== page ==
IMG_4969On several occasions, recently, I’ve been asked to provide my expertise to authors whose books have featured characters in the Music Industry – I’ve worked in the International Music Business for most of my adult life – and it got me thinking about my own writing and areas where I’ve been in need of ‘expert’ advice. I write crime stories and sometimes they venture into the hazy world of MI5 and MI6, and although I can call on my own experience back in my distant youth when I worked at the Foreign and Commonwealth Office in Whitehall, London, limited though it might be, I still need to clarify details and exactly what each part of the British Secret Security Services does. Of course I can always delve into their websites for general information and it is now possible to contact their Press Offices who are happy to work with authors. I’ve also been fortunate enough to have met a retired Detective Chief Inspector – also an author – on Facebook, who has been kind enough from time to time to answer my many question about police procedure.

It is important as writers, especially crime writers, to get our facts right when telling a story which may well involve the investigation of a particular crime. And, as I mentioned earlier, I’d been thinking about my knowledge base and how to expand it for some time. Late last year I was lucky enough to discover the answer. I found several British Universities offering on-line courses in various aspects of Forensics – fantastic. Just what I was after. Somewhere I could educate myself at my own pace at home. Since starting my first course – Human Identification and Forensic Science – which introduced me to the world of clandestine burials and the identification of skeletal dismembered remains, which I and the other students managed to eventually identify – using the most recent methods of facial reconstruction, DNA and Anthropology – working as part of the Forensic and Police investigation of a missing person, I have undertaken two further courses.

The second course I’ve completed was an introduction to Criminal Justice and Forensic Science. I learned about the complex world of DNA profiling and Fingerprint analysis and researched many criminal cases where miscarriages of justice had been discovered and how convictions had been over-turned and the role played by Forensic Science in obtaining evidence and solving crimes. It was a real eye-opener I can tell you.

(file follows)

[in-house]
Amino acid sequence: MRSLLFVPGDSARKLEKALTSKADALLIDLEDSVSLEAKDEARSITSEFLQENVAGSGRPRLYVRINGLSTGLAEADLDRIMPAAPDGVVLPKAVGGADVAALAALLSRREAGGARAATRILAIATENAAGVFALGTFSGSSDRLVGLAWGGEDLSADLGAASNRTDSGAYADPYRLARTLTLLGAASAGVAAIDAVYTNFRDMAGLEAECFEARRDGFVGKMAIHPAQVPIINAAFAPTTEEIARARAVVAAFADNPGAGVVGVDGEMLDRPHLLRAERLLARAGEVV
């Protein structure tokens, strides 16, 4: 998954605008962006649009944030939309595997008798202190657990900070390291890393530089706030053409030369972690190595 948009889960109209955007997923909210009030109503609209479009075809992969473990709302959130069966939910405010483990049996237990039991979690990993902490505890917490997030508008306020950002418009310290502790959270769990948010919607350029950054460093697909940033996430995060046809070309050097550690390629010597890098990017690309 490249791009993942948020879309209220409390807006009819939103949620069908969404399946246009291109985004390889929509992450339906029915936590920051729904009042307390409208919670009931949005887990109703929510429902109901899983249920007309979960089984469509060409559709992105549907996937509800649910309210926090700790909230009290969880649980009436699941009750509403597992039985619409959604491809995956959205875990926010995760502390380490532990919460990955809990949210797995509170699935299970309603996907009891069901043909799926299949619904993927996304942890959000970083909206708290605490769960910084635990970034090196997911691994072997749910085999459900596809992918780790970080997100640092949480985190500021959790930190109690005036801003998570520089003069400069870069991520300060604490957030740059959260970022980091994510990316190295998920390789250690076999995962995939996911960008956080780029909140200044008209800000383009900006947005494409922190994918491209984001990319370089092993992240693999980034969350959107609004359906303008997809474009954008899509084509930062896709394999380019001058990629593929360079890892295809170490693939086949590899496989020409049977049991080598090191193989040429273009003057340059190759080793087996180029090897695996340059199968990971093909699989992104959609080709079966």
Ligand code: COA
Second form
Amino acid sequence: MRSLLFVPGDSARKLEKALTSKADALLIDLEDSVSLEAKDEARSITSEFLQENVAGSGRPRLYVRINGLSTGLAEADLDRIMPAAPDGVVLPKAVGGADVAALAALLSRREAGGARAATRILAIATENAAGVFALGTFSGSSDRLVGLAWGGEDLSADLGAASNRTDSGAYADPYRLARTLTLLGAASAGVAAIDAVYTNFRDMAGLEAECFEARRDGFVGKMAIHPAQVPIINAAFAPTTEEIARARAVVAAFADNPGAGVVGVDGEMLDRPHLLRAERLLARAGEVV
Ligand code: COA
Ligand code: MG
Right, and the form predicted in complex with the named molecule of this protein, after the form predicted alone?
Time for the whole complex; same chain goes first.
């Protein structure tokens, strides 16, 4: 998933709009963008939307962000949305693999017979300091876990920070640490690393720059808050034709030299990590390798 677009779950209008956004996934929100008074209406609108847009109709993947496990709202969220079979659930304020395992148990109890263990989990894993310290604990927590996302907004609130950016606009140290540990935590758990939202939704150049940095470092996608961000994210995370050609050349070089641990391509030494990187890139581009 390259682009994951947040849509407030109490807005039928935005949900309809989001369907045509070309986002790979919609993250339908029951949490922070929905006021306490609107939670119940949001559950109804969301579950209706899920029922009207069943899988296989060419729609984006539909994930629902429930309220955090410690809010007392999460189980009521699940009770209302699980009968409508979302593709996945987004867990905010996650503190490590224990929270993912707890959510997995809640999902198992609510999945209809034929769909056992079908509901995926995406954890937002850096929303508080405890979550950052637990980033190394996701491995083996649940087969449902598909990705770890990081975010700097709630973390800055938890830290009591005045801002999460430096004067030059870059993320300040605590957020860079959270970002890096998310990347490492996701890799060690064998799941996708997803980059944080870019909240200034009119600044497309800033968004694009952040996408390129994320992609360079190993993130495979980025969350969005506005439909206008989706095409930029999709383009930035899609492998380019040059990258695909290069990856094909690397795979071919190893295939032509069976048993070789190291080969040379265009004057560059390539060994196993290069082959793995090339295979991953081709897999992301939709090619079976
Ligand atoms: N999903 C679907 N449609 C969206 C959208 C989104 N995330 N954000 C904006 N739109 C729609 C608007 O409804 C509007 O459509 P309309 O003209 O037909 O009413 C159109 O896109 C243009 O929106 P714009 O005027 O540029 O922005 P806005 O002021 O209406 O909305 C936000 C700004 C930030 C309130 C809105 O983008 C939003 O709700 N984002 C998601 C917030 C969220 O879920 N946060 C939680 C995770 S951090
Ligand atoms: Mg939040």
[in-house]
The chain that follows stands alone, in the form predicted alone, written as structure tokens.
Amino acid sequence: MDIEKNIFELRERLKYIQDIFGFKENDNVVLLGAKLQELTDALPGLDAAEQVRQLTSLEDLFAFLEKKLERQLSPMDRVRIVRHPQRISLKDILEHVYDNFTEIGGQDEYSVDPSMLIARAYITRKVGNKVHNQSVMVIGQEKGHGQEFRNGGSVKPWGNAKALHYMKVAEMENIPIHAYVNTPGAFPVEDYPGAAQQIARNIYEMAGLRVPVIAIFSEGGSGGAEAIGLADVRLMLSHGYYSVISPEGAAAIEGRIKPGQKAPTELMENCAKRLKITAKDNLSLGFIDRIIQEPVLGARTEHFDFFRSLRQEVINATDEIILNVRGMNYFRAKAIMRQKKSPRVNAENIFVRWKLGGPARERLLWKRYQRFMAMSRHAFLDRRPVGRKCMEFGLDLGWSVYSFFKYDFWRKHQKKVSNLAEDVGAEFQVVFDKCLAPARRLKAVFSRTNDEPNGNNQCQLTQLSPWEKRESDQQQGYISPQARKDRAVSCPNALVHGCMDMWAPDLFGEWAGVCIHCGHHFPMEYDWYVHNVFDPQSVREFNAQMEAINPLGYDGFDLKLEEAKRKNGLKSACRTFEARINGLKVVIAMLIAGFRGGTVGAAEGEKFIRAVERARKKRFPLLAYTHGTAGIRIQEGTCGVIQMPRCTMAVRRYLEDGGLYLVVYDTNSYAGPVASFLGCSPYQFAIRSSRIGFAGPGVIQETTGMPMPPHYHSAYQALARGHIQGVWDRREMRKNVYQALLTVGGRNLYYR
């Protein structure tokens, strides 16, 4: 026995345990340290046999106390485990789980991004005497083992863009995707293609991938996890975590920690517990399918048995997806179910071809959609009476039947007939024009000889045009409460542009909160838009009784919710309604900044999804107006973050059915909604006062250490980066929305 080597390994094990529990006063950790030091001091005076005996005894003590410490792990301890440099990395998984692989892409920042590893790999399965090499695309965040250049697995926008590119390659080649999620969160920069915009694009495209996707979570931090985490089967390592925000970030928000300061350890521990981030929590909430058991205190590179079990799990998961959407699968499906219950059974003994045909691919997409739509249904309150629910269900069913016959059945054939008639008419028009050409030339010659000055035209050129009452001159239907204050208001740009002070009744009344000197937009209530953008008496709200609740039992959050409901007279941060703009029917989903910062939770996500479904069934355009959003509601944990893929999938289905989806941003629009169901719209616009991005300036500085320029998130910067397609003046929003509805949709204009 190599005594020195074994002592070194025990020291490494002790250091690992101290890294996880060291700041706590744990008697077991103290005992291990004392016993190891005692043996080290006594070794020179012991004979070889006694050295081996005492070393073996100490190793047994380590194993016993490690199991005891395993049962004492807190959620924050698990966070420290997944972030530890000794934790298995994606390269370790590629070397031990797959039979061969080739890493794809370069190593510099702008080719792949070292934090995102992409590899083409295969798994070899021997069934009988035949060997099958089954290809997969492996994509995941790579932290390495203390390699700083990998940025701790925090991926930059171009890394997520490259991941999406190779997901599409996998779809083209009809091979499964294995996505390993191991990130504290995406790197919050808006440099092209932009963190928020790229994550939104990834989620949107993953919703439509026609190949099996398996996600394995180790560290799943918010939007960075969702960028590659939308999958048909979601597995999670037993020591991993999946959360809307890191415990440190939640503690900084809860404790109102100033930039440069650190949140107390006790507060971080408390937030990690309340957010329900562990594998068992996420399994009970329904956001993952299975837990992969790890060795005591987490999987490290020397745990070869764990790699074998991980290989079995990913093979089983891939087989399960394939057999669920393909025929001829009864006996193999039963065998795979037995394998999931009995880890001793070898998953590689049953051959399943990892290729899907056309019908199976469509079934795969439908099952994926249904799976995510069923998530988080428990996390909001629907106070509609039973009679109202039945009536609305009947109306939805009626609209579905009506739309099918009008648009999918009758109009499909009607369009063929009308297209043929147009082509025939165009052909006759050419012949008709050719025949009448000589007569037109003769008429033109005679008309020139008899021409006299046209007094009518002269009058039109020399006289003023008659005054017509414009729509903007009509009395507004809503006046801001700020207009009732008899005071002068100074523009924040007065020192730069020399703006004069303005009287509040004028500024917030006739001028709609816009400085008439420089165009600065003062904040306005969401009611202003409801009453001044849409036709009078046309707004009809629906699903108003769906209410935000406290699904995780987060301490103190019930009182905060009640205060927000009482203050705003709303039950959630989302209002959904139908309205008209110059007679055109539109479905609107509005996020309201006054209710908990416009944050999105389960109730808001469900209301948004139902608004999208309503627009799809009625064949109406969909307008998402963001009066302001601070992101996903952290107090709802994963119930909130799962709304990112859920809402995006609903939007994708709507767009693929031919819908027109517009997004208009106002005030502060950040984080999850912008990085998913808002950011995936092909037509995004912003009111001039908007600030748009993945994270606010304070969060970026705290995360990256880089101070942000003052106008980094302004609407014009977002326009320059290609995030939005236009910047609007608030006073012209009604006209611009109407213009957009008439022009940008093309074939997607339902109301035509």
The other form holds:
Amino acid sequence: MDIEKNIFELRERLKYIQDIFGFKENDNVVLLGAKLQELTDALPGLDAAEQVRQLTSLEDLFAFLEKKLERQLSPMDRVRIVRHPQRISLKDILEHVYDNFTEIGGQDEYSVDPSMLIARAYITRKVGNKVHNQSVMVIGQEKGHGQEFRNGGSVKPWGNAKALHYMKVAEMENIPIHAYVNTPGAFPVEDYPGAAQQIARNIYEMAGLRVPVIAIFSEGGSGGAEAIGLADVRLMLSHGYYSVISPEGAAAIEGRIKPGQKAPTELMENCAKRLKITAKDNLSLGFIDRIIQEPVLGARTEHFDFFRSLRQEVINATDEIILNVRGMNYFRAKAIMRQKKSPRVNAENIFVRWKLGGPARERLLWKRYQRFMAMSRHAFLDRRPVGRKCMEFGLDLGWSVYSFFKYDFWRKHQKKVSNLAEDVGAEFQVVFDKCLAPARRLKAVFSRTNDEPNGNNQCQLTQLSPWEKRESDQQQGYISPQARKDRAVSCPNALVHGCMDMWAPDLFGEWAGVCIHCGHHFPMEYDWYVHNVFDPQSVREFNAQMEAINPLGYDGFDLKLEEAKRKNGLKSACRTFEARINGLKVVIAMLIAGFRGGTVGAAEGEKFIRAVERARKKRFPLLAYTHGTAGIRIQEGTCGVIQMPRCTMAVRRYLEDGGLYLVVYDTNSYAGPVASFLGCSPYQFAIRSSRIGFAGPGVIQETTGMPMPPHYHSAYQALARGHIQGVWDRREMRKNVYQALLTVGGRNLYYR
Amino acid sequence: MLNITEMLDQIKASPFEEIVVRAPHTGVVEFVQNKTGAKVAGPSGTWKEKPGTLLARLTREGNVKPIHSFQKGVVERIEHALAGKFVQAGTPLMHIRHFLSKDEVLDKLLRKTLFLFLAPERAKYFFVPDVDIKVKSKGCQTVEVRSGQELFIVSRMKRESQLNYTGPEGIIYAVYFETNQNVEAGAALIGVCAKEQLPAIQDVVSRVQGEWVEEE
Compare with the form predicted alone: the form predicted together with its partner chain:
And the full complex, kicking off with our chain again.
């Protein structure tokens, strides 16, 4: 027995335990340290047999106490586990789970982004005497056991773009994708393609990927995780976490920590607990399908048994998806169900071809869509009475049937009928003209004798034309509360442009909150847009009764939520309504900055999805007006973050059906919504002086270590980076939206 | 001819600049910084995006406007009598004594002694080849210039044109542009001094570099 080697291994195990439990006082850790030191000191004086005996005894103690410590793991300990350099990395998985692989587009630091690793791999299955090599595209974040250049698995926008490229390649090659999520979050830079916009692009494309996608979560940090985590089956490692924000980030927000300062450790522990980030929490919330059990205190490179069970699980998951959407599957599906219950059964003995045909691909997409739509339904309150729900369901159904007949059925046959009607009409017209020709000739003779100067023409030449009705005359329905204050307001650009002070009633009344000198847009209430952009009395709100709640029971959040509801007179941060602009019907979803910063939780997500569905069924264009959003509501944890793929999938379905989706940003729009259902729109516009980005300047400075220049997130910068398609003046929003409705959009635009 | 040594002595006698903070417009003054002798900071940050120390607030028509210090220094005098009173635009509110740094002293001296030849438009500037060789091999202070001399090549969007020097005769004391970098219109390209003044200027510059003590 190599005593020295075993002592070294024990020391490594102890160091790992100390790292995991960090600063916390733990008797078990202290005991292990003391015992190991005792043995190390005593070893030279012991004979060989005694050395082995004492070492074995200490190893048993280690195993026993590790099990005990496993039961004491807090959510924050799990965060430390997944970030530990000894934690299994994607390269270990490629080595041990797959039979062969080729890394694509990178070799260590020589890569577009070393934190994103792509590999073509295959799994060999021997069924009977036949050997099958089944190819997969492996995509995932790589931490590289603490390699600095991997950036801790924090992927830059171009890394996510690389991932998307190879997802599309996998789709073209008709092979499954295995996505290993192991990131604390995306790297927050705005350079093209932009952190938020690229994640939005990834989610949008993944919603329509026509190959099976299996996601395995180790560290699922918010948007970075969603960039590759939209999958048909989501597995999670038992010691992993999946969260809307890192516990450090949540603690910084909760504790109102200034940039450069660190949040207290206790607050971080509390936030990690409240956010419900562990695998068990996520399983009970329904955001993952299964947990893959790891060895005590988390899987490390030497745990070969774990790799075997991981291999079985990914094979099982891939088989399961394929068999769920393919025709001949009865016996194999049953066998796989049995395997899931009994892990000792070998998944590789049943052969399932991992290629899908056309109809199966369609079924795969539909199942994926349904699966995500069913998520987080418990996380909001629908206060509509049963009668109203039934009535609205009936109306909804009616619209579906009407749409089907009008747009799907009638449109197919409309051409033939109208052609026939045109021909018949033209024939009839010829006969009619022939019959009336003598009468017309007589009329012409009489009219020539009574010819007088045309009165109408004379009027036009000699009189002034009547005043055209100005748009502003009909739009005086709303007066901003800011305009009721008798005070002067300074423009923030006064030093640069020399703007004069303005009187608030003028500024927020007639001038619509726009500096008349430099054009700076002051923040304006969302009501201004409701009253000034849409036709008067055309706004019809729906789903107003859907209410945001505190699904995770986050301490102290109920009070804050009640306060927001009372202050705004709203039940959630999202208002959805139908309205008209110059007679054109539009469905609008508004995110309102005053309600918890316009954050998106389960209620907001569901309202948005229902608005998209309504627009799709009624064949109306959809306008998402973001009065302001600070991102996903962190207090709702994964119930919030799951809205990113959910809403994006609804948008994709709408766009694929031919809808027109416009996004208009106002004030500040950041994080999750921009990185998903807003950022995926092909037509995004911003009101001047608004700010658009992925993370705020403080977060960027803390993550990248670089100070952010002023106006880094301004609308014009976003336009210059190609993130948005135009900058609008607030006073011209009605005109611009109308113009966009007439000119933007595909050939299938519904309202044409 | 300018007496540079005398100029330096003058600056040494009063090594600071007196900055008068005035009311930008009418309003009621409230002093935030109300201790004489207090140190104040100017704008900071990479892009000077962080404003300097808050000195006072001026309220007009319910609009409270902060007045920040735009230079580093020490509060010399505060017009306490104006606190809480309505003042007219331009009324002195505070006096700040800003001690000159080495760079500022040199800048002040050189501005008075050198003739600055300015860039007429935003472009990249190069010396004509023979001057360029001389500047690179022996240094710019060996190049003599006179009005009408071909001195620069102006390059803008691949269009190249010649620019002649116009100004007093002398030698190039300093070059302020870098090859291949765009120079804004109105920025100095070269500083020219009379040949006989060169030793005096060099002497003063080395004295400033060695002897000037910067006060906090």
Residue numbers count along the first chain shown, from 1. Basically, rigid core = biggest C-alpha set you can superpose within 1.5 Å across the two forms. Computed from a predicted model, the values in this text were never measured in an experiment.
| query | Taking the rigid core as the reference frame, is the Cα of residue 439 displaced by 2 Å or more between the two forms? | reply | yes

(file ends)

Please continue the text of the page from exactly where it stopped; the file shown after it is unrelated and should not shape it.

The third course I’ve completed recently, Forensic Psychology: Witness Investigations, has been fascinating and has made me realise just how we cannot always believe our own eyes and memories. During this course I and the other students worked alongside the police in the investigation of an armed robbery and we (virtually) sat in on the interviews with witnesses by two detectives. One used old fashioned methods investigating the case and conducting interviews, getting the witness to tell their story, often with prompts and leading questions using Photofit pictures of a selection of potential suspects and a physical line-up to identify the suspect. The other detective conducted their witness interviews using the latest methods – neuro-psychological techniques – to question the witnesses, allowing them to relate their story uninterrupted and not prompted, and using computer generated images of faces where the witness was able to move the eyes, nose and lips etc. to build an image they felt was closest to the suspect they’d witnessed. This method helped solve the case faster, more accurately, and didn’t lead or suggest anything to the witness.

Now, armed with my new knowledge and basic understanding of how to investigate a crime, make an identification of a skeleton from basic anthropology and forensics, right through to getting a witness to a crime to relate what they saw more accurately, I am more confident in my crime writing. Those authors for whom I was a musical consultant tell me I gave them that same confidence. Keeping things real and accurate for our readers. Most important for me as a writer and also as a reader. I hate finding inaccuracies in crime stories I read and I hope my readers won’t find any in mine.


Jane Risdon has spent most of her adult life in the International Music Business, managing songwriters, musicians, singers, and record producers with her musician husband. Always longing to write she never had the opportunity until a few years ago when her husband’s former fan-club secretary, ex rock journalist, and now award winning author, Christina Jones, urged her to take the plunge. Since then Jane has become a published author with Accent Press and has contributed to various anthologies as well as co-writing with Christina. Their novel is due out later this year. Jane is also writing a series of novels, Ms Birdsong Investigates, about a former MI5 Officer who finds herself investigating a missing woman and ends up tackling Russian Mafia and Ukrainian people traffickers in rural Oxfordshire.

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Why a Dog? by Margaret Mizushima